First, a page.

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A Detailed Man

2 Mins read

Written by David Swinson — The central character in A Detailed Man is a Washington policeman – detective Ezra Simeon. He is a loner, with a divorced wife and a platonic best friend, both back in California. He’s recently been afflicted by Bell’s Palsy, a form of partial paralysis that affects his facial expression but not his mind. Physically he tires easily, but after being on light duties he’s promoted to the Violent Crimes Unit. His first task is to pick up the horrific murder of an escort girl, and see if it’s linked to a cold case file from two years earlier.

The early investigation was covered by Simeon’s long time friend, who has just died of heart disease. In fact, Simeon has to clear his friend’s desk of personal belongings to give himself space to work. Simeon views his colleagues with sardonic, but genuine affection and welcomes being back at work because the job is his life.

The title of the book is a play on words. Simeon is ‘detailed’ in the sense that he has been assigned to the task. He is also ‘detailed’ in that the book is more about him and his personality than it is about the crimes he tackles. By the end of the story we know him as well as we might know ourselves. The narrative is entirely first person, the dialogue is spare but convincing, and we get a great sense of a wintry Washington, DC. This sense of place seems perfectly natural, and there is no hint that the author is typing the story with one hand while holding a local map in the other.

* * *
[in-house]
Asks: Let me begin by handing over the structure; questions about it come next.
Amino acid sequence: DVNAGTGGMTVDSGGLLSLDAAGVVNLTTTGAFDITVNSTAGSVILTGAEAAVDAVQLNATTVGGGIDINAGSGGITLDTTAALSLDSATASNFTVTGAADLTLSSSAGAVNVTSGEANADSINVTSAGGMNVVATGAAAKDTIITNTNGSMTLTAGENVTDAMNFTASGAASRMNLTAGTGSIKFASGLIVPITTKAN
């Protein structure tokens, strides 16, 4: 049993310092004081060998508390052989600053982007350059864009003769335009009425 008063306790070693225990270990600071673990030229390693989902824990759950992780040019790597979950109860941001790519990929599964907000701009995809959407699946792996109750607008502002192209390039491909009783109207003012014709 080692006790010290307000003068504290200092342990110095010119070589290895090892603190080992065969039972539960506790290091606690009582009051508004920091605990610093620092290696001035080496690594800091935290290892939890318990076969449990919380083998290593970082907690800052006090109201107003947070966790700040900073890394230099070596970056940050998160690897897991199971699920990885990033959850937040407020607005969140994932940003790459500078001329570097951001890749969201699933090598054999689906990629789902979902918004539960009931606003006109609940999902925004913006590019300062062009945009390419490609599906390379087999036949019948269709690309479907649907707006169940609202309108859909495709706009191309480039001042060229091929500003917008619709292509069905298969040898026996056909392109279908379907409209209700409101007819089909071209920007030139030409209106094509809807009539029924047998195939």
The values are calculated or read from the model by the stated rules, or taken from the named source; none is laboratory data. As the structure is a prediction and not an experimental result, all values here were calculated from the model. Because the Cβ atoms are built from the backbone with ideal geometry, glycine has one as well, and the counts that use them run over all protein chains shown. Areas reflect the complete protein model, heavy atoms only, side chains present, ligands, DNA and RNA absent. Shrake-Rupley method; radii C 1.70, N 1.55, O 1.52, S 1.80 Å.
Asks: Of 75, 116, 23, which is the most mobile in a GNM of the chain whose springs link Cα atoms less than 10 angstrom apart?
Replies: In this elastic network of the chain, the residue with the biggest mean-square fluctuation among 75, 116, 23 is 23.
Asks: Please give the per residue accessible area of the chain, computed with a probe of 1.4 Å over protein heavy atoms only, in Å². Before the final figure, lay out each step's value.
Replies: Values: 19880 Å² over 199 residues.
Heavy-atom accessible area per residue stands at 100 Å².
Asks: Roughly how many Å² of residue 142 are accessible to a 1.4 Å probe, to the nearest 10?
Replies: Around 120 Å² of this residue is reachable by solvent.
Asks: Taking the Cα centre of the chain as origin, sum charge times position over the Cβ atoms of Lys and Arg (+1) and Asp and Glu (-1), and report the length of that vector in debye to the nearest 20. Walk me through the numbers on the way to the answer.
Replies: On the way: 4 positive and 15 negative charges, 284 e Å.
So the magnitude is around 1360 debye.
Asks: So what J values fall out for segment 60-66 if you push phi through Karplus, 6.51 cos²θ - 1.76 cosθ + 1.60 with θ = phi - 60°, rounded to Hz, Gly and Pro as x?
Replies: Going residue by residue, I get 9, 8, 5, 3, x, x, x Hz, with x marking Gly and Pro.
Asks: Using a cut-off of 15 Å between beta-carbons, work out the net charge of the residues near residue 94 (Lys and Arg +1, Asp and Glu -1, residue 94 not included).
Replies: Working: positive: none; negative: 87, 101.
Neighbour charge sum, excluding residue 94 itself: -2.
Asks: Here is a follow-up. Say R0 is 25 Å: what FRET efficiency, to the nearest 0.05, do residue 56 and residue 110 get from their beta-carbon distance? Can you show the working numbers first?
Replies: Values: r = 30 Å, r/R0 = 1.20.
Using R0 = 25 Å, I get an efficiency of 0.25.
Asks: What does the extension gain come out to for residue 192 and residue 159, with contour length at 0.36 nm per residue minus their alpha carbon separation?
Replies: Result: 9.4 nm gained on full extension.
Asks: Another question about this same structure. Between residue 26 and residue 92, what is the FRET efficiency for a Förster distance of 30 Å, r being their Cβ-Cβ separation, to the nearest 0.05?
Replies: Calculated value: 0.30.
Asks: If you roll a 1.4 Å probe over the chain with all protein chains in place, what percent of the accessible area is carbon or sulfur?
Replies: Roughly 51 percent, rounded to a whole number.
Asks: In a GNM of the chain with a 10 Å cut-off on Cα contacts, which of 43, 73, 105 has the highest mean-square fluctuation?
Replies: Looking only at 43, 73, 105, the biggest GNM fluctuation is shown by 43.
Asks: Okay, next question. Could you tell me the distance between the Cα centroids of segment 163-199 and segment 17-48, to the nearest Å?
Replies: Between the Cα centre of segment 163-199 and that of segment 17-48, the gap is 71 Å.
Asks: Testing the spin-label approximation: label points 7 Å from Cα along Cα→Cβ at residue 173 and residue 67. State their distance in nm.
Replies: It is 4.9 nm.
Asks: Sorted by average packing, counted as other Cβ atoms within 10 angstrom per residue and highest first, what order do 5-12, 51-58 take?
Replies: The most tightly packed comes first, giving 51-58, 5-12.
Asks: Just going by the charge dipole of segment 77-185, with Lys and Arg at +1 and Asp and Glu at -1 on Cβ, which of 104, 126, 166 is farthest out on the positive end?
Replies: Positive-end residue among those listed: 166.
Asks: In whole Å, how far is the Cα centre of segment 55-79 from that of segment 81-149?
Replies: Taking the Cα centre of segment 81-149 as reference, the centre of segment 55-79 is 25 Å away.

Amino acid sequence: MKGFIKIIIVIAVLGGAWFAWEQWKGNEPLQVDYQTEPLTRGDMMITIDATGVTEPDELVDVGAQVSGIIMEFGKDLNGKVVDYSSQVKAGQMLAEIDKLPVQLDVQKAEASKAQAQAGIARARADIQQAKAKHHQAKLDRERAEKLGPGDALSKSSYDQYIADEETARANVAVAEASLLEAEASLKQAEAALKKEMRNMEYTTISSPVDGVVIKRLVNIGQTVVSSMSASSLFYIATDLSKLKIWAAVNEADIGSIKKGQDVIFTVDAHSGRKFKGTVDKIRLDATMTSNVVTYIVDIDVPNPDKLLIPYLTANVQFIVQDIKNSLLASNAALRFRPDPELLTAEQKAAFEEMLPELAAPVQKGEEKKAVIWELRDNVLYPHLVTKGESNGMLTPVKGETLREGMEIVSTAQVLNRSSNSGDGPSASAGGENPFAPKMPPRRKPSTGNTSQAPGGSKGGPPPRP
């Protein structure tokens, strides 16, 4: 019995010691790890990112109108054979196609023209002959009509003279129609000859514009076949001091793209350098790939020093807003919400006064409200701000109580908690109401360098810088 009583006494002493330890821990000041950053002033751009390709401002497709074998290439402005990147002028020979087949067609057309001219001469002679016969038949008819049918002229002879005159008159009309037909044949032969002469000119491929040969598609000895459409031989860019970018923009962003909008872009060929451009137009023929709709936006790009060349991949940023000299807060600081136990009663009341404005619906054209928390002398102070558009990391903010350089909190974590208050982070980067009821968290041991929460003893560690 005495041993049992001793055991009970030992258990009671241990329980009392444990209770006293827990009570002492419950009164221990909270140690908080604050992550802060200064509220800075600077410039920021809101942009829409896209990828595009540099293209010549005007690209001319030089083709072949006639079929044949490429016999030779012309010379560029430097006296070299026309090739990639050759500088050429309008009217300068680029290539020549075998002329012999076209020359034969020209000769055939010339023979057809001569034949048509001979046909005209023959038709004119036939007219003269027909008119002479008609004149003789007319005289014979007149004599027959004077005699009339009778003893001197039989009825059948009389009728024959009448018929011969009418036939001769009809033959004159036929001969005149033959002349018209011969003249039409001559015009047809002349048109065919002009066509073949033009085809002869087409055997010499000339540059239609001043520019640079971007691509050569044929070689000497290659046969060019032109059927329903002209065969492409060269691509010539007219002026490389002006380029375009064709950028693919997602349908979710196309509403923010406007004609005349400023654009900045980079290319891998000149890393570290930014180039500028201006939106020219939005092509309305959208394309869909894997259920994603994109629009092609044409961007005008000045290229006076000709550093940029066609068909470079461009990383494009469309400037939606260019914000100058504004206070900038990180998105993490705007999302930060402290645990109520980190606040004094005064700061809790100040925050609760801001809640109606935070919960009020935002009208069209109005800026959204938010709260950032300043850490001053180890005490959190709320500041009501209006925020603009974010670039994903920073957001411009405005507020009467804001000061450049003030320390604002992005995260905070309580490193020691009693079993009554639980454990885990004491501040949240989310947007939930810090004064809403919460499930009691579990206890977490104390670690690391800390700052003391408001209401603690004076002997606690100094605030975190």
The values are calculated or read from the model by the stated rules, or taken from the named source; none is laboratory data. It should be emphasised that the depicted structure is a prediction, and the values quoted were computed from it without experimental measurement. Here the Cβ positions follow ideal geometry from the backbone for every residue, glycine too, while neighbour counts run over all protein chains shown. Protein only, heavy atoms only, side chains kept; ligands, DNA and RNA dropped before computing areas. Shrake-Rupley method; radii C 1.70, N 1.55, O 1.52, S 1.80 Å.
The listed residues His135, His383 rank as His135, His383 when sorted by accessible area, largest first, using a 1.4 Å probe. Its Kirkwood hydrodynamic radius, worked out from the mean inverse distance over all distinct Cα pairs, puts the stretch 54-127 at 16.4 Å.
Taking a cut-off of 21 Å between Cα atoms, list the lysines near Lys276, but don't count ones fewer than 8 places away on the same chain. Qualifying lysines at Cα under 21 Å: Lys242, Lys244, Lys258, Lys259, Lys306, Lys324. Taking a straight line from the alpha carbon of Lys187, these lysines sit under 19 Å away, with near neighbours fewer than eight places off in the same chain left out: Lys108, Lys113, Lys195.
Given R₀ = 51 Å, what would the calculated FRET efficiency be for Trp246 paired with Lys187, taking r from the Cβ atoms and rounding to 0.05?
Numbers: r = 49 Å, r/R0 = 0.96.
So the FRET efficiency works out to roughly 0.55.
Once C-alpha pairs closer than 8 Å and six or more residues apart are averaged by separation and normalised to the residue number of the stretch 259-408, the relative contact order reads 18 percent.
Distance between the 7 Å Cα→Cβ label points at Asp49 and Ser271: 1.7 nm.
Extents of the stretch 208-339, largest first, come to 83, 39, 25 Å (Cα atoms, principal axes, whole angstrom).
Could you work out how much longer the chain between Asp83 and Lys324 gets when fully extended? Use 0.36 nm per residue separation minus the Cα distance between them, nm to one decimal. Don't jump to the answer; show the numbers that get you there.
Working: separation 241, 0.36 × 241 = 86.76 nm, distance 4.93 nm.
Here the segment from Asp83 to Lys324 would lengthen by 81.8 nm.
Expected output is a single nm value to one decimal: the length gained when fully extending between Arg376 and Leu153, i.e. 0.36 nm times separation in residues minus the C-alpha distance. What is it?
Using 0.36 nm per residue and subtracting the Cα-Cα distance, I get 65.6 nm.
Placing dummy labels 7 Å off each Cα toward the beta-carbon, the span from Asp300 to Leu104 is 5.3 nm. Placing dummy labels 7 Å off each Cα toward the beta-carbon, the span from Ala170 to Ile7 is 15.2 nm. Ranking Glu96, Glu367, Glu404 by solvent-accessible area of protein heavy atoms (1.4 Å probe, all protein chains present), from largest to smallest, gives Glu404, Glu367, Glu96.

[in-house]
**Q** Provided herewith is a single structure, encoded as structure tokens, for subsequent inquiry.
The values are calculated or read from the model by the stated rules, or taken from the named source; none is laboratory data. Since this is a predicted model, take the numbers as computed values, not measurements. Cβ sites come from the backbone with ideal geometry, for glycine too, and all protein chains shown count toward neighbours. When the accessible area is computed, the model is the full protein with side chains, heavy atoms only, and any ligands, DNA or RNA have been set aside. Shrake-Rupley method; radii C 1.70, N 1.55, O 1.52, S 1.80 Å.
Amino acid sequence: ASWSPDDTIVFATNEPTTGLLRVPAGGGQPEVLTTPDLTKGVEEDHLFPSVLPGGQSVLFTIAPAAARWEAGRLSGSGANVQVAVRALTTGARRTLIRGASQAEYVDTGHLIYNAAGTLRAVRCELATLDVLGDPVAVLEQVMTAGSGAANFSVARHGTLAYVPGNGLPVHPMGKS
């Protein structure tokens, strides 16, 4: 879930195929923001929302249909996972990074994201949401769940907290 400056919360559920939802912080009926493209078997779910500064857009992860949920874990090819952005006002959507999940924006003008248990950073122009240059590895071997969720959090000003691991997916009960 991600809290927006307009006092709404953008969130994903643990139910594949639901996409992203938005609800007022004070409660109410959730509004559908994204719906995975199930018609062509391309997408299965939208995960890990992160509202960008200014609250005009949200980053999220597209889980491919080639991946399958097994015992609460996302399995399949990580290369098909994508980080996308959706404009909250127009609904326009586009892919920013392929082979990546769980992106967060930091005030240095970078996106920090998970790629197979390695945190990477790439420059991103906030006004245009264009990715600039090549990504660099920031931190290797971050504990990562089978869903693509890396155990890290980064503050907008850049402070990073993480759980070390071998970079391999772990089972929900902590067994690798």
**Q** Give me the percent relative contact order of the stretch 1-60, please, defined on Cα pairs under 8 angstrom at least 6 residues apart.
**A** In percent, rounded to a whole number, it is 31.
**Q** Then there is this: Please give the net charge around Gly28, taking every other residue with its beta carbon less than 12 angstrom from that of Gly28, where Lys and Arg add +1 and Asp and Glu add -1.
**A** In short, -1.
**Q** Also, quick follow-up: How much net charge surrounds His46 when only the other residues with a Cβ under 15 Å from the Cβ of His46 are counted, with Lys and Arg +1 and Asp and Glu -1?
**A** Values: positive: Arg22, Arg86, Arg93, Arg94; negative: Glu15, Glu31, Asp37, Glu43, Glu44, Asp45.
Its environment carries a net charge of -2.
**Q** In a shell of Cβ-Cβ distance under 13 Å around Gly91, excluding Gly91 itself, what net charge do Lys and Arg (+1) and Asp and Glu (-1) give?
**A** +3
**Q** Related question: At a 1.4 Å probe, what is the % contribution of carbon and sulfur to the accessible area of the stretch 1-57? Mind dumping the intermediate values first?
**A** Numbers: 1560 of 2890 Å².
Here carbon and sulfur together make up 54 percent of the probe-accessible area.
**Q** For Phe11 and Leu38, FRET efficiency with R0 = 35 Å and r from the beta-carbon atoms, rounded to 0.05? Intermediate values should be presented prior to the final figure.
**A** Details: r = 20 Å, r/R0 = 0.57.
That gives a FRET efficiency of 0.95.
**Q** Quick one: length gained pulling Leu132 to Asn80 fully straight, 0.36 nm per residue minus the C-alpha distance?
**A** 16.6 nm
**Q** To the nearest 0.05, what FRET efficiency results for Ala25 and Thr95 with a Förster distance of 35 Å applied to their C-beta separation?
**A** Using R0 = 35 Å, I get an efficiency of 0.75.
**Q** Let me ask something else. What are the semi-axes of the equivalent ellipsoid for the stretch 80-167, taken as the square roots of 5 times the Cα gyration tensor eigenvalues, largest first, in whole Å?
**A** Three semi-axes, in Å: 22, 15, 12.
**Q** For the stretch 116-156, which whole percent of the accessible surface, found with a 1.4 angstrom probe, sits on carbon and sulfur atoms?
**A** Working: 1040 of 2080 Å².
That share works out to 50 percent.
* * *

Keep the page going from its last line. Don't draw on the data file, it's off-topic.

There are other murders on Simeon’s plate but he is baffled, intrigued and fixated – in turn – with who killed the escort girl. Neither his suspects nor the victims are who they seem to be, and he is fighting an increasing sense of debility brought about by his physical condition. David Swinson is a retired police officer, and while the book is very much not a police procedural, the day-to-day atmosphere of the Violent Crimes Unit feels authentic.

This is a challenging book. The pace is very measured until quite close to the end, and some readers may find the constant self-absorption of Simeon wearing after a while. The startling denouement is a brave stroke by Swinson who uses a far from the conventional means to close out a detective story, and some may wonder if  leaving a  number of apparent loose ends works or not as a literary device. Personally, I was gripped by the book and fascinated by Ezra Simeon. Hopefully it will be the first of many successes for David Swinson.

Dymaxicon
Print/Kindle
£2

CFL Rating: 4 Stars

 


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